On a cloudy Wednesday afternoon in mid-June, Linnea Gibbs sits in her regular seat at the ballpark, decked out in her Vancouver Canadians hat and jersey. Beside her sits a group of fellow retired librarians she’s invited to the game.
Suddenly Ms. Gibbs turns to them, telling them to pay attention and cheer loudly. One of “her guys,” Andy Fermin, is up to bat. Ms. Gibbs follows each pitch intensely. Then, after a strike and two balls, Mr. Fermin swings: a slow bouncing ball to the second baseman. The fielder charges and whips a quick throw to first, and Mr. Fermin is called out.
Ms. Gibbs leans back in her chair, her disappointment evident.
“He promised me three hits before the game,” said the 68-year-old Vancouver resident with an easy laugh, though she is dead serious about her baseball. “It’s going to have to go to extra innings if he’s going to do it.”
Ms. Gibbs is arguably one of the Vancouver Canadians’ biggest fans; she’s been following the city’s minor league team for years. Last season she only missed one home game. But she’s more than just a loyal fan: For some players, she’s also become a de facto grandmother.
For the past 10 years, Ms. Gibbs has opened her home to Vancouver Canadians players to live in for the summer months, one of about 20 host families across the city.
It might seem odd on the surface: a divorced, retired Canadian woman hosting young, foreign men in their early 20s. But people like Ms. Gibbs are essential to the functioning of minor league baseball. Players make peanuts compared to those in the majors. And with a short season – the Canadians are a single-A affiliate of the Toronto Blue Jays and only play in June, July and August – it’s impractical for players to rent a place in Vancouver.
At the top of the third inning, Mr. Fermin is back up at bat. The 23-year-old third baseman was born in Florida but spent many years of his childhood in the Dominican Republic. It’s his first season with the Canadians. And like most players, Mr. Fermin hopes to make it to the major leagues one day.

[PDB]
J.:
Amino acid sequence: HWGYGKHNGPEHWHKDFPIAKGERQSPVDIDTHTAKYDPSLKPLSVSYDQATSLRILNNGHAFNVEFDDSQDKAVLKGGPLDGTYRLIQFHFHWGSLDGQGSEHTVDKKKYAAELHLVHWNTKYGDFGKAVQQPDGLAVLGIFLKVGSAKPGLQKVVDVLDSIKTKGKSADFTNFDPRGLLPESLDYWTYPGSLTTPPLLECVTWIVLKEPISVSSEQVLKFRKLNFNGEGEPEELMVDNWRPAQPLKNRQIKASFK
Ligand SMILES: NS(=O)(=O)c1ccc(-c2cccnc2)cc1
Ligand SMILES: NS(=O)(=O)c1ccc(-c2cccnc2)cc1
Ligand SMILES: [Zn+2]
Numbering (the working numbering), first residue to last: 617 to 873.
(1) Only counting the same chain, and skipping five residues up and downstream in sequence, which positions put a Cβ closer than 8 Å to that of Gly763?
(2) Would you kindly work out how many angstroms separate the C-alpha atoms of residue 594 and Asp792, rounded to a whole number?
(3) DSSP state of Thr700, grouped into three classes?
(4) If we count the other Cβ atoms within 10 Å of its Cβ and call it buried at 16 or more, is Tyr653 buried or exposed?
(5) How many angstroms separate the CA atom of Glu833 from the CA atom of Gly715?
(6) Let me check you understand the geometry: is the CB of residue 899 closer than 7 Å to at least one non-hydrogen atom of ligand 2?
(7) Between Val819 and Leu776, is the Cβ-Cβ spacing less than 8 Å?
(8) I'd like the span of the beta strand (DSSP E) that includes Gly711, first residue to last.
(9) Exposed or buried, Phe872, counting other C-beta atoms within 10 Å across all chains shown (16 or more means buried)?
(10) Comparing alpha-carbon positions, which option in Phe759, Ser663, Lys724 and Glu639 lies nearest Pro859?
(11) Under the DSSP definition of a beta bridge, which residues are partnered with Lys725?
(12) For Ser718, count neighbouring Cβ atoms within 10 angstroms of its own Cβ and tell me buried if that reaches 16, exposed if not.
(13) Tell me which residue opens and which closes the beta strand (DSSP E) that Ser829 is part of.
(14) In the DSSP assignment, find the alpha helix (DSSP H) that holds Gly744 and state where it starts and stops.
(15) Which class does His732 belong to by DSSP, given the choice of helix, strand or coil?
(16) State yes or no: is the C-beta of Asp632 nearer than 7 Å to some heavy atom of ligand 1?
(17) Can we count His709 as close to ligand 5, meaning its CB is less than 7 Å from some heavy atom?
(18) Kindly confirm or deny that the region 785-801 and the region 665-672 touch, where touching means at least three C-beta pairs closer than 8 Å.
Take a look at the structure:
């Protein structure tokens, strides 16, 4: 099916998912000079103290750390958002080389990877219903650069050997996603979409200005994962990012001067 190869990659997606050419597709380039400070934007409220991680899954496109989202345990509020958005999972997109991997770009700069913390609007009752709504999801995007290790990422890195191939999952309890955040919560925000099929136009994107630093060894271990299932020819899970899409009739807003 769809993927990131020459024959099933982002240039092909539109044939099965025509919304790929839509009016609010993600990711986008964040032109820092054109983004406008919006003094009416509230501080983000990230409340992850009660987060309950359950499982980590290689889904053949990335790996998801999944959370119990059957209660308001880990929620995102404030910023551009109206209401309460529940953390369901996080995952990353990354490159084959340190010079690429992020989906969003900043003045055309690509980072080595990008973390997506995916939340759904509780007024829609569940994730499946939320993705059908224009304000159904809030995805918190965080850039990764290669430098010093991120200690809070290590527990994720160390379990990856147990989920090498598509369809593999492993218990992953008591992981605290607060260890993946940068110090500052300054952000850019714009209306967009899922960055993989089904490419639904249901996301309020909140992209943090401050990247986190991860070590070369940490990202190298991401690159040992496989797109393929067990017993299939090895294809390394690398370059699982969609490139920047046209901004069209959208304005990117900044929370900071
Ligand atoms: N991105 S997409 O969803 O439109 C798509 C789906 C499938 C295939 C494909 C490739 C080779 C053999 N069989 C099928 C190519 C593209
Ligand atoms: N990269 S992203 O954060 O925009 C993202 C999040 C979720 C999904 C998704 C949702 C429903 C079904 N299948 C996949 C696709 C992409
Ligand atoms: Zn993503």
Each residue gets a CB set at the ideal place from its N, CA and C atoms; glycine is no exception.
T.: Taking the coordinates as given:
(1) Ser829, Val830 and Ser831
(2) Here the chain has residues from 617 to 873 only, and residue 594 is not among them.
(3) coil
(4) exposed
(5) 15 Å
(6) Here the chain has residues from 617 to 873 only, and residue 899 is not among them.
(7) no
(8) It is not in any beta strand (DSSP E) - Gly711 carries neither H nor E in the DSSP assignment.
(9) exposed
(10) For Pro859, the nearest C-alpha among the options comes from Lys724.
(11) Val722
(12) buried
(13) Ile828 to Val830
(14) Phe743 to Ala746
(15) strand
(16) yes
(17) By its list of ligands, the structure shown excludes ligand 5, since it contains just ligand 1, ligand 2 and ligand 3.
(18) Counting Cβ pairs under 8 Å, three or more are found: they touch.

But with four other minor league teams playing at a higher level in the Blue Jays’ farm system – and about 200 minor league teams in total – getting to the majors will likely be a long, uncertain grind. Minor league life often requires players to relocate cities each season. And Mr. Fermin and his teammates only make about $1,200 a month.
All of the Canadians’ players live with a local host family. For some players, it’s their first time away from home; for many, it’s their first time in Canada.
Along with Mr. Fermin, Ms. Gibbs houses Alvido Jimenez, a 21-year-old relief pitcher, also from the Dominican Republic.
“She’s like grandma,” Mr. Fermin said in an interview before the game at Nat Bailey Stadium, adding that he thinks he has the best host family on the team. “She knows how to treat us, we feel comfortable with her, she gives us all the facilities we need.”
Mr. Fermin and Mr. Jimenez are the 16th and 17th players Ms. Gibbs has hosted over the last 10 years. In all, she’s hosted two players from Puerto Rico, seven from Venezuela and eight from the Dominican Republic.
“When I was working, I always saw this ad in the local paper saying ‘house a player, get to know baseball’… and I said, ‘Oh, I want to do that.’ But I was working,” said Ms. Gibbs, who was a branch Librarian with the Burnaby Public Library for 26 years. “So, as soon as I retired I phoned … and they said, ‘Sure, take a player.’”
Jeff Holloway, who runs the Canadians’ housing program, says host families are invaluable to the organization, providing the essentials for a player to perform well on the field. But he says their importance stretches beyond providing just shelter and nutritious meals.